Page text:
, Volume 155, Issue 3, pp 559–569 | Cite as

Fouling mediates grazing: intertwining of resistances to multiple enemies in the brown alga Fucus vesiculosus

  • Veijo Jormalainen
  • Sofia A. Wikström
  • Tuija Honkanen
Plant-Animal Interactions - Original Paper


Macroalgae have to cope with multiple natural enemies, such as herbivores and epibionts. As these are harmful for the host, the host is expected to show resistance to them. Evolution of resistance is complicated by the interactions among the enemies and the genetic correlations among resistances to different enemies. Here, we explored genetic variation in resistance to epibiosis and herbivory in the brown alga Fucus vesiculosus, both under conditions where the enemies coexisted and where they were isolated. F. vesiculosus showed substantial genetic variation in the resistance to both epibiosis and grazing. Grazing pressure on the alga was generally lower in the presence than in the absence of epibiota. Furthermore, epibiosis modified the susceptibility of different algal genotypes to grazing. Resistances to epibiosis and grazing were independent when measured separately for both enemies but positively correlated when both these enemies coexisted. Thus, when the enemies coexisted, the fate of genotypes with respect to these enemies was intertwined. Genotypic correlation between phlorotannins, brown-algal phenolic secondary metabolites, and the amount of epibiota was negative, indicating that these compounds contribute to resistance to epibiosis. In addition, phlorotannins correlated also with the resistance to grazing, but this correlation disappeared when grazing occurred in the absence of epibiota. This indicates that the patterns of selection for the type of the resistance as well as for the resistance traits vary with the occurrence patterns of the enemies.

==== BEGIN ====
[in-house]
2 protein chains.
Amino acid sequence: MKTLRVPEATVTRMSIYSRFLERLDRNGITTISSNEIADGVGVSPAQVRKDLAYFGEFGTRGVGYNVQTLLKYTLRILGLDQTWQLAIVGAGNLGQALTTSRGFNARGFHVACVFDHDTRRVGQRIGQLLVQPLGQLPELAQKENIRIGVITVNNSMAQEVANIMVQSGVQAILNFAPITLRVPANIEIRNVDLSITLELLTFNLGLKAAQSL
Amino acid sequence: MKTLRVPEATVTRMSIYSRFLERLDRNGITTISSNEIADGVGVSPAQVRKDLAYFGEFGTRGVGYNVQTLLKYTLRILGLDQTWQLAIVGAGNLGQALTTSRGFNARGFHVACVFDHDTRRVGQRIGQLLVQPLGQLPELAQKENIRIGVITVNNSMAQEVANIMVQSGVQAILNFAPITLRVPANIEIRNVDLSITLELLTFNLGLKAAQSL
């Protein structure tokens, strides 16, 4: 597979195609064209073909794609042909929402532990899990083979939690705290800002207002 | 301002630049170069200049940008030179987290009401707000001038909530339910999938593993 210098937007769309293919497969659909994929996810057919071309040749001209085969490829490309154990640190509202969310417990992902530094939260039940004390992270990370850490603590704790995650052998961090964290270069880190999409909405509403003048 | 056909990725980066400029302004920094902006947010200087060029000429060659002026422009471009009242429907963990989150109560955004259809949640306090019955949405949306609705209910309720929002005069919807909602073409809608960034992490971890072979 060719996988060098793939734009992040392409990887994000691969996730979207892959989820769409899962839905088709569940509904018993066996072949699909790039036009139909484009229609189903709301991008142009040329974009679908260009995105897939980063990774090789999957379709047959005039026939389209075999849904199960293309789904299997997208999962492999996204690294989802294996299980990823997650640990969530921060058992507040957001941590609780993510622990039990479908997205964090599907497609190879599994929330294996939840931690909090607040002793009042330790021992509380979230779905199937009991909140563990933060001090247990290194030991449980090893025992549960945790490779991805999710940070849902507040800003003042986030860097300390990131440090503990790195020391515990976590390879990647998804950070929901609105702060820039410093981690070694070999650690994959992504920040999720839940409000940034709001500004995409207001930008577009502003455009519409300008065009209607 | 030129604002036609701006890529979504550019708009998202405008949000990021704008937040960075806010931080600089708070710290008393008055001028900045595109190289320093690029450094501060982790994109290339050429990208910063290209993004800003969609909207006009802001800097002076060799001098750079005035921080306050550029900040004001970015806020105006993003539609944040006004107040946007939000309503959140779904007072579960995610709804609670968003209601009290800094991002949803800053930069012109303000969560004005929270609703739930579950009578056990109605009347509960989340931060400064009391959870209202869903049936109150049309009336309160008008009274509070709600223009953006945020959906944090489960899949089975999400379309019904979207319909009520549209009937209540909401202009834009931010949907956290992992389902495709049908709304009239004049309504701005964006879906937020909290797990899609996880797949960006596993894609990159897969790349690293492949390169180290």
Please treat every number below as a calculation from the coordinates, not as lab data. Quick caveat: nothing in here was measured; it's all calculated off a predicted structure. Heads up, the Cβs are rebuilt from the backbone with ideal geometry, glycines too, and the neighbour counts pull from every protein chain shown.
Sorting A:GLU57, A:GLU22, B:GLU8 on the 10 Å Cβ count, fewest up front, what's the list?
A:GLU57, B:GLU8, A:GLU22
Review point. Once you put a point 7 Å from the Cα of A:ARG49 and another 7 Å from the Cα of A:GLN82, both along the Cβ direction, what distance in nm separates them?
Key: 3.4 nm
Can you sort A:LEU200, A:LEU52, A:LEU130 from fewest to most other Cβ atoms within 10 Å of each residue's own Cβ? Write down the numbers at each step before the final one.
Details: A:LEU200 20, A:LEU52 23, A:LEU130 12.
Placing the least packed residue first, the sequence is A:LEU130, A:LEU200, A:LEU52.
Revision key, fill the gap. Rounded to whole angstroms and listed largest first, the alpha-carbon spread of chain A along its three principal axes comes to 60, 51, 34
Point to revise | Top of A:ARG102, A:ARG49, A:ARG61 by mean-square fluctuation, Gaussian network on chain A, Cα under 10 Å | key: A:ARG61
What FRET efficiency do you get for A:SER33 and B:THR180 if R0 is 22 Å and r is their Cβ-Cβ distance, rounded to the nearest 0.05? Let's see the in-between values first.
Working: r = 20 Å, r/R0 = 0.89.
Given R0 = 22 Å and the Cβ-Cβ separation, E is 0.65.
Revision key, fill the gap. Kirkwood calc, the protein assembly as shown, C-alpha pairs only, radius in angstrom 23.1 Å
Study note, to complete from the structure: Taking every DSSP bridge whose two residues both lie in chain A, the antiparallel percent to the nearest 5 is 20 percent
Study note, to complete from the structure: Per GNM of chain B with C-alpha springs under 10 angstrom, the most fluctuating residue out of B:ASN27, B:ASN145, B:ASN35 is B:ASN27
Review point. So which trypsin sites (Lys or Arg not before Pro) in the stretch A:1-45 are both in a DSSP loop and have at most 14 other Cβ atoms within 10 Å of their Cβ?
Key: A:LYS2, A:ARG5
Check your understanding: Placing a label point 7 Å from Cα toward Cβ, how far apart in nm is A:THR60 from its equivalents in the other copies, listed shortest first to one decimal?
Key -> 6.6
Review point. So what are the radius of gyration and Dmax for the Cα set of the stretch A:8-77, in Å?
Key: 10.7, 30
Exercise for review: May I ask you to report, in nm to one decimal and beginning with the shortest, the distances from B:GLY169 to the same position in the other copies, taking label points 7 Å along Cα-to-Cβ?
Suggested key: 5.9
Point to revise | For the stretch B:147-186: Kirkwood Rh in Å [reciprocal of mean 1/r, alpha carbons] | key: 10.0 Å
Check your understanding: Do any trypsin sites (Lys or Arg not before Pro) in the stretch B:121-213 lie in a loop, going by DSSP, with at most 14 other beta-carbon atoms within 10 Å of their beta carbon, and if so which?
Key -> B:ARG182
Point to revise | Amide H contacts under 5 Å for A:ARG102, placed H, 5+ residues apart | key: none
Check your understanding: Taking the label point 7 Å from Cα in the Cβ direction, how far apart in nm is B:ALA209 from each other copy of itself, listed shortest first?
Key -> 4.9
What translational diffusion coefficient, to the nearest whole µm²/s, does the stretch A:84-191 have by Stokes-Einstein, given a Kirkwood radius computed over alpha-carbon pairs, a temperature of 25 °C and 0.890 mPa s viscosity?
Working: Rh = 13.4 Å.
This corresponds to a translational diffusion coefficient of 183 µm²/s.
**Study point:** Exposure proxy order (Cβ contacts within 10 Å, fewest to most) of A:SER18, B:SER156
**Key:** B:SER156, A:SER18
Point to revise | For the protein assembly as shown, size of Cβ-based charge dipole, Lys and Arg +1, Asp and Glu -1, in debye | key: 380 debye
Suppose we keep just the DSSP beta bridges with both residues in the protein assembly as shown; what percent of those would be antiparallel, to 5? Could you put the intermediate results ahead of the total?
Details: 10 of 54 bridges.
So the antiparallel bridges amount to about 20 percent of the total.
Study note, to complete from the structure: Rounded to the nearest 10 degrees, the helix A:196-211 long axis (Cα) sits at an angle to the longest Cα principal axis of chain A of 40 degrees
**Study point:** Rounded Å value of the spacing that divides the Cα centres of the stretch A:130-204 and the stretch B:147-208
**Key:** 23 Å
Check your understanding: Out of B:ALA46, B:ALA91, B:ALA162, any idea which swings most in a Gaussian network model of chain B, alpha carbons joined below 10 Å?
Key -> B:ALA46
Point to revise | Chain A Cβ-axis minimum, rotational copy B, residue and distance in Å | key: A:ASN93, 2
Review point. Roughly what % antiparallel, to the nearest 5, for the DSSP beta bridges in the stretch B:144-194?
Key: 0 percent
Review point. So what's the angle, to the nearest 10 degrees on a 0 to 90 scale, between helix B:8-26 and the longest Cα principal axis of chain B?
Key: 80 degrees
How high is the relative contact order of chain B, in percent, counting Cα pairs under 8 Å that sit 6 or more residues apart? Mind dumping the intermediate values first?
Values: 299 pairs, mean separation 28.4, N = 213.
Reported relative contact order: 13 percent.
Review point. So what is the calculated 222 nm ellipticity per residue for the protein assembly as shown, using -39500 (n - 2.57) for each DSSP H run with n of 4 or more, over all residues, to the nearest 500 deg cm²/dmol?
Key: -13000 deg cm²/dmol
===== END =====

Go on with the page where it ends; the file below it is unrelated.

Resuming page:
Genetic Correlation Herbivory Treatment Specialized Defense Defense Trait Positive Genetic Correlation 
These keywords were added by machine and not by the authors. This process is experimental and the keywords may be updated as the learning algorithm improves.



We are grateful to Elina Vainio and Nina Heikkilä for help in conducting the experiment and Krista Tulonen for analyzing the phlorotannins. The manuscript benefitted from the comments by Prof. Tony Underwood and two anonymous referees. The Archipelago Research Institute of the University of Turku provided the facilities for the experiment.


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Copyright information

© Springer-Verlag 2007

Authors and Affiliations

  • Veijo Jormalainen
    • 1
  • Sofia A. Wikström
    • 2
    • 3
  • Tuija Honkanen
    • 1
  1. 1.Department of Biology, Section of EcologyUniversity of TurkuTurkuFinland
  2. 2.Department of BotanyStockholm UniversityStockholmSweden
  3. 3.AquaBiota Water ResearchStockholmSweden

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